I got the job! Now do I tell them I’m pregnant?

Maybe. I’d prefer you wait to tell them until you’re clear on the job’s pay and benefits and have the offer in writing. I’d be very surprised (and angry) if they backed out of the offer or tried to change its terms after learning you’re pregnant. But in case of any fishy business, it’s safer to have a written offer in hand.

When you do let your new manager know that you’re pregnant (see the next question for considerations on timing), present it as a statement of fact rather than an apology. You haven’t done anything wrong by keeping your personal business private until you knew that you’d have an ongoing relationship with this company, so an apology isn’t necessary.

Say something like, “I’m very excited about this opportunity. I can’t wait to start contributing to the team and to learn from them, as well. I do want to make you aware of a few important dates, so that we plan my work appropriately. I’m pregnant and will need to take maternity leave beginning on [date] and expect to be out for [specify time]. Between now and then, I’m committed to this role and want to make sure that my temporary absence is covered as seamlessly as possible.”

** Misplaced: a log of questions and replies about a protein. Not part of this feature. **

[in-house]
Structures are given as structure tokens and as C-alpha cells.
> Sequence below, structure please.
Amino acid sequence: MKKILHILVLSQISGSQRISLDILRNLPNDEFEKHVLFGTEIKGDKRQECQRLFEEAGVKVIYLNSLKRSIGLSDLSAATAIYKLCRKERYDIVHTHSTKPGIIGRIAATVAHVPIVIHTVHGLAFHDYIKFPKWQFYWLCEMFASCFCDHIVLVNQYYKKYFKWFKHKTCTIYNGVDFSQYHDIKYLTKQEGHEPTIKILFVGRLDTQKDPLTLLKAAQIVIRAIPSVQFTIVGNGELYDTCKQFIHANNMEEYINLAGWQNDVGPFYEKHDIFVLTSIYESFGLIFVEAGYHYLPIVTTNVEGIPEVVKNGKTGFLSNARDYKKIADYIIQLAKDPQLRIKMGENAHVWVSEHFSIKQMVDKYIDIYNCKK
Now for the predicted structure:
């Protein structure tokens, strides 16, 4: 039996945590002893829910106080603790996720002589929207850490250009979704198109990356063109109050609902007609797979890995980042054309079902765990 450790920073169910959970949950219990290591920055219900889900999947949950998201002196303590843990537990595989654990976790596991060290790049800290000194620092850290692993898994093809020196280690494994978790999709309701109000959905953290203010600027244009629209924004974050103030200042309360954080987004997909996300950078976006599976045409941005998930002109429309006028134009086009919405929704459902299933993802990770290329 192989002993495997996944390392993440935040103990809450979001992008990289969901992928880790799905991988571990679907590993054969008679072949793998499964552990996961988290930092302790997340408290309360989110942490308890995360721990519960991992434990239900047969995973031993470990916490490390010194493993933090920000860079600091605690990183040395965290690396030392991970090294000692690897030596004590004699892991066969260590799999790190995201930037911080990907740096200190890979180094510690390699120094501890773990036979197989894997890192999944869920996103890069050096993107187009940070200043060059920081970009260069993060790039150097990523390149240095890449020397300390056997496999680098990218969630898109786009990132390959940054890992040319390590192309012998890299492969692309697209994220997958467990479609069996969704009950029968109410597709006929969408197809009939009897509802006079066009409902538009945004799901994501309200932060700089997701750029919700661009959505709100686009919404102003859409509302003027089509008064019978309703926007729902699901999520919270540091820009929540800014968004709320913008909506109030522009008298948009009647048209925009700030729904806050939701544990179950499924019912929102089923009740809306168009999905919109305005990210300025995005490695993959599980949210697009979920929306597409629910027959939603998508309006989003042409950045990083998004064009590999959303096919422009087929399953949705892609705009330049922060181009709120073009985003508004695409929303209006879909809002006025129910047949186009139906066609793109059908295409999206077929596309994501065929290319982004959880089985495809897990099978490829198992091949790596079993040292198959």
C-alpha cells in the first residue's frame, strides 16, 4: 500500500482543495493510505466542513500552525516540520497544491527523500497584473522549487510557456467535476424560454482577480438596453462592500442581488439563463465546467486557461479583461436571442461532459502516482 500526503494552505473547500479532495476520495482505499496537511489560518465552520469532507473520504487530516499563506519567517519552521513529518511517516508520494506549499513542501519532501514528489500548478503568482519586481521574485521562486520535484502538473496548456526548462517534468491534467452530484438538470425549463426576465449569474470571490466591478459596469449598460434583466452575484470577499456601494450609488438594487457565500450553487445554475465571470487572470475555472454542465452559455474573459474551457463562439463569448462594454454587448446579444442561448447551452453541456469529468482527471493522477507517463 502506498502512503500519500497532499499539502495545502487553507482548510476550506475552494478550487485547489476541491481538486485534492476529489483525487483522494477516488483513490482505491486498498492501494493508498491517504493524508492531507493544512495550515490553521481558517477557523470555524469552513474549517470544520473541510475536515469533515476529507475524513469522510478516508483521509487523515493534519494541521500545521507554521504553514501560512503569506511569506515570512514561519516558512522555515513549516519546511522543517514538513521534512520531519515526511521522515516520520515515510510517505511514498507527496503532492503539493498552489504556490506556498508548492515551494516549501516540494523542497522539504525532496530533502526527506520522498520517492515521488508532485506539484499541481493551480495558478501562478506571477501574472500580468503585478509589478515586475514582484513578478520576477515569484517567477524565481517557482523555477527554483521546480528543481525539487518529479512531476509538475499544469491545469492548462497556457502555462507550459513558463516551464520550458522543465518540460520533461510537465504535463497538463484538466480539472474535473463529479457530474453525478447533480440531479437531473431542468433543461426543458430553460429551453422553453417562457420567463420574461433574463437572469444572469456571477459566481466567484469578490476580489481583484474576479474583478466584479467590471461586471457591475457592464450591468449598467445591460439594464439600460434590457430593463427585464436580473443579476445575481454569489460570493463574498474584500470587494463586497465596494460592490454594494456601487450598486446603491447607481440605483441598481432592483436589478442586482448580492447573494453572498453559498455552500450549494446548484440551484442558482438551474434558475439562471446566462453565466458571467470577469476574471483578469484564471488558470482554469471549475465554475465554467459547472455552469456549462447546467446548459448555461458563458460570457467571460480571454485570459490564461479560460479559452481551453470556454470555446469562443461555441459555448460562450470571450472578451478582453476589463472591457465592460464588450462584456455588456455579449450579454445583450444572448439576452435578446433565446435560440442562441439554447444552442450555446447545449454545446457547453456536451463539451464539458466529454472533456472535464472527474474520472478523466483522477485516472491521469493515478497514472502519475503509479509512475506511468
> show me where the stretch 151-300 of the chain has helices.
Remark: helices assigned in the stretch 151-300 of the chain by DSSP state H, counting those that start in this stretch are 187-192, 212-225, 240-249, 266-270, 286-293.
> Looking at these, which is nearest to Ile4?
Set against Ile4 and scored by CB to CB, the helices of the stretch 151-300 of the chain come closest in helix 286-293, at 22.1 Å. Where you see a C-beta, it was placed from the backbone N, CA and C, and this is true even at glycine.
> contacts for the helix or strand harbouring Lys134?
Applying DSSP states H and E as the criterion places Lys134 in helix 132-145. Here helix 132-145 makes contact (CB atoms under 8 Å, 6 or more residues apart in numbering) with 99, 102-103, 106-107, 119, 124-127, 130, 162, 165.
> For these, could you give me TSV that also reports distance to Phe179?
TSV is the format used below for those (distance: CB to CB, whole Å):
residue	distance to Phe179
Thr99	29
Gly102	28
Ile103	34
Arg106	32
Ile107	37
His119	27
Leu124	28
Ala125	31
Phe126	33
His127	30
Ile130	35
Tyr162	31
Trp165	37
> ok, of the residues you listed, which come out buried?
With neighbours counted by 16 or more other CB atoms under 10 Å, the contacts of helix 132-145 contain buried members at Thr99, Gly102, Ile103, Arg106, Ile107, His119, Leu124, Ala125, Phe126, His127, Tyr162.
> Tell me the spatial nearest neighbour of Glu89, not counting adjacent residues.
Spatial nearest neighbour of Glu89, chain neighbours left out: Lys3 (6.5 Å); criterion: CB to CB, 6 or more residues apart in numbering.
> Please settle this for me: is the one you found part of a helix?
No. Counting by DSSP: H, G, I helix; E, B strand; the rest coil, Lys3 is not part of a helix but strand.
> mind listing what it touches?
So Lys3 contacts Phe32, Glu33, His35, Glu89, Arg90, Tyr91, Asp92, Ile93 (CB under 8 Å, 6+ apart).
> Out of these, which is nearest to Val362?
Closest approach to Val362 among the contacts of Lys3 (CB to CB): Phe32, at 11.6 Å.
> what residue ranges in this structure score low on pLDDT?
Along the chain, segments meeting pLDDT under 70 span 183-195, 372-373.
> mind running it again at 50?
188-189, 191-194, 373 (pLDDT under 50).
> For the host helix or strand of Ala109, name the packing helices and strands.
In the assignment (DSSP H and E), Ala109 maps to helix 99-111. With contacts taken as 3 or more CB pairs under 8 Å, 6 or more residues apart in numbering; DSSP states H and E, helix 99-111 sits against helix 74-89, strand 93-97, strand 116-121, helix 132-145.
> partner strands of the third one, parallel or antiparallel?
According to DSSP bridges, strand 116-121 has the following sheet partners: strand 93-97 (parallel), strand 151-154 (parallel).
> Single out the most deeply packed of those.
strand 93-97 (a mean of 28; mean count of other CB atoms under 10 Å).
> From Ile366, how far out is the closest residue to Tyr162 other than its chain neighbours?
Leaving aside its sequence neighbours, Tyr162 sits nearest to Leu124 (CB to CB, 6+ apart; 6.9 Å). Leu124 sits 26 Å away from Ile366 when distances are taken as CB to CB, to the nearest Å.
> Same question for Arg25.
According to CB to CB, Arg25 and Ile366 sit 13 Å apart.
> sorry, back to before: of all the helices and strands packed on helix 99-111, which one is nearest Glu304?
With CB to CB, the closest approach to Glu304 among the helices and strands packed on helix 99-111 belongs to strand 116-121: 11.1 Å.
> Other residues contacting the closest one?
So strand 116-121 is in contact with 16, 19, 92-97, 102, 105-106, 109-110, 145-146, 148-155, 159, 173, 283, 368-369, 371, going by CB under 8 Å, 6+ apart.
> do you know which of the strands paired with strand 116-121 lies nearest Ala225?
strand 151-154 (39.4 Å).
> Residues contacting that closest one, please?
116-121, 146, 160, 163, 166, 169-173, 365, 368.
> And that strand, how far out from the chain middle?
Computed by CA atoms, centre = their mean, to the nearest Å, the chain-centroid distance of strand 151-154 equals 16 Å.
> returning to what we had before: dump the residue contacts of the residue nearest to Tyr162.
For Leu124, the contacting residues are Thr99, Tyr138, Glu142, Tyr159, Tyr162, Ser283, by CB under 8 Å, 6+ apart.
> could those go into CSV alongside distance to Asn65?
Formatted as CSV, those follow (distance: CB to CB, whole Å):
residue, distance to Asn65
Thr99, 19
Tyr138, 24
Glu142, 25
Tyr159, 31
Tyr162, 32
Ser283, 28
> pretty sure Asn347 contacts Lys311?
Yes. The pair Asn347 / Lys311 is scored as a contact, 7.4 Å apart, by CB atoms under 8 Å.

When should I tell my boss that I’m pregnant?

It depends. There are a lot of factors to consider, and it’ll likely come down to what you’re comfortable doing. I told my manager as soon as I was past twelve weeks because I wanted to wait until the risk of miscarriage was significantly reduced but also give him plenty of time to plan for my absence (and I hate keeping secrets).

I have a girlfriend who waited much longer, until after her managers had finalized performance reviews and promotions, so that she was sure her pregnancy wasn’t factored into any of these things. If you work in a job that requires very heavy lifting or other duties that may be unsafe during pregnancy, then you’ll want to notify your boss right away, so they can work out temporary accommodations for you.

People from work keep calling me with questions while I’m on maternity leave. Are they supposed to do this?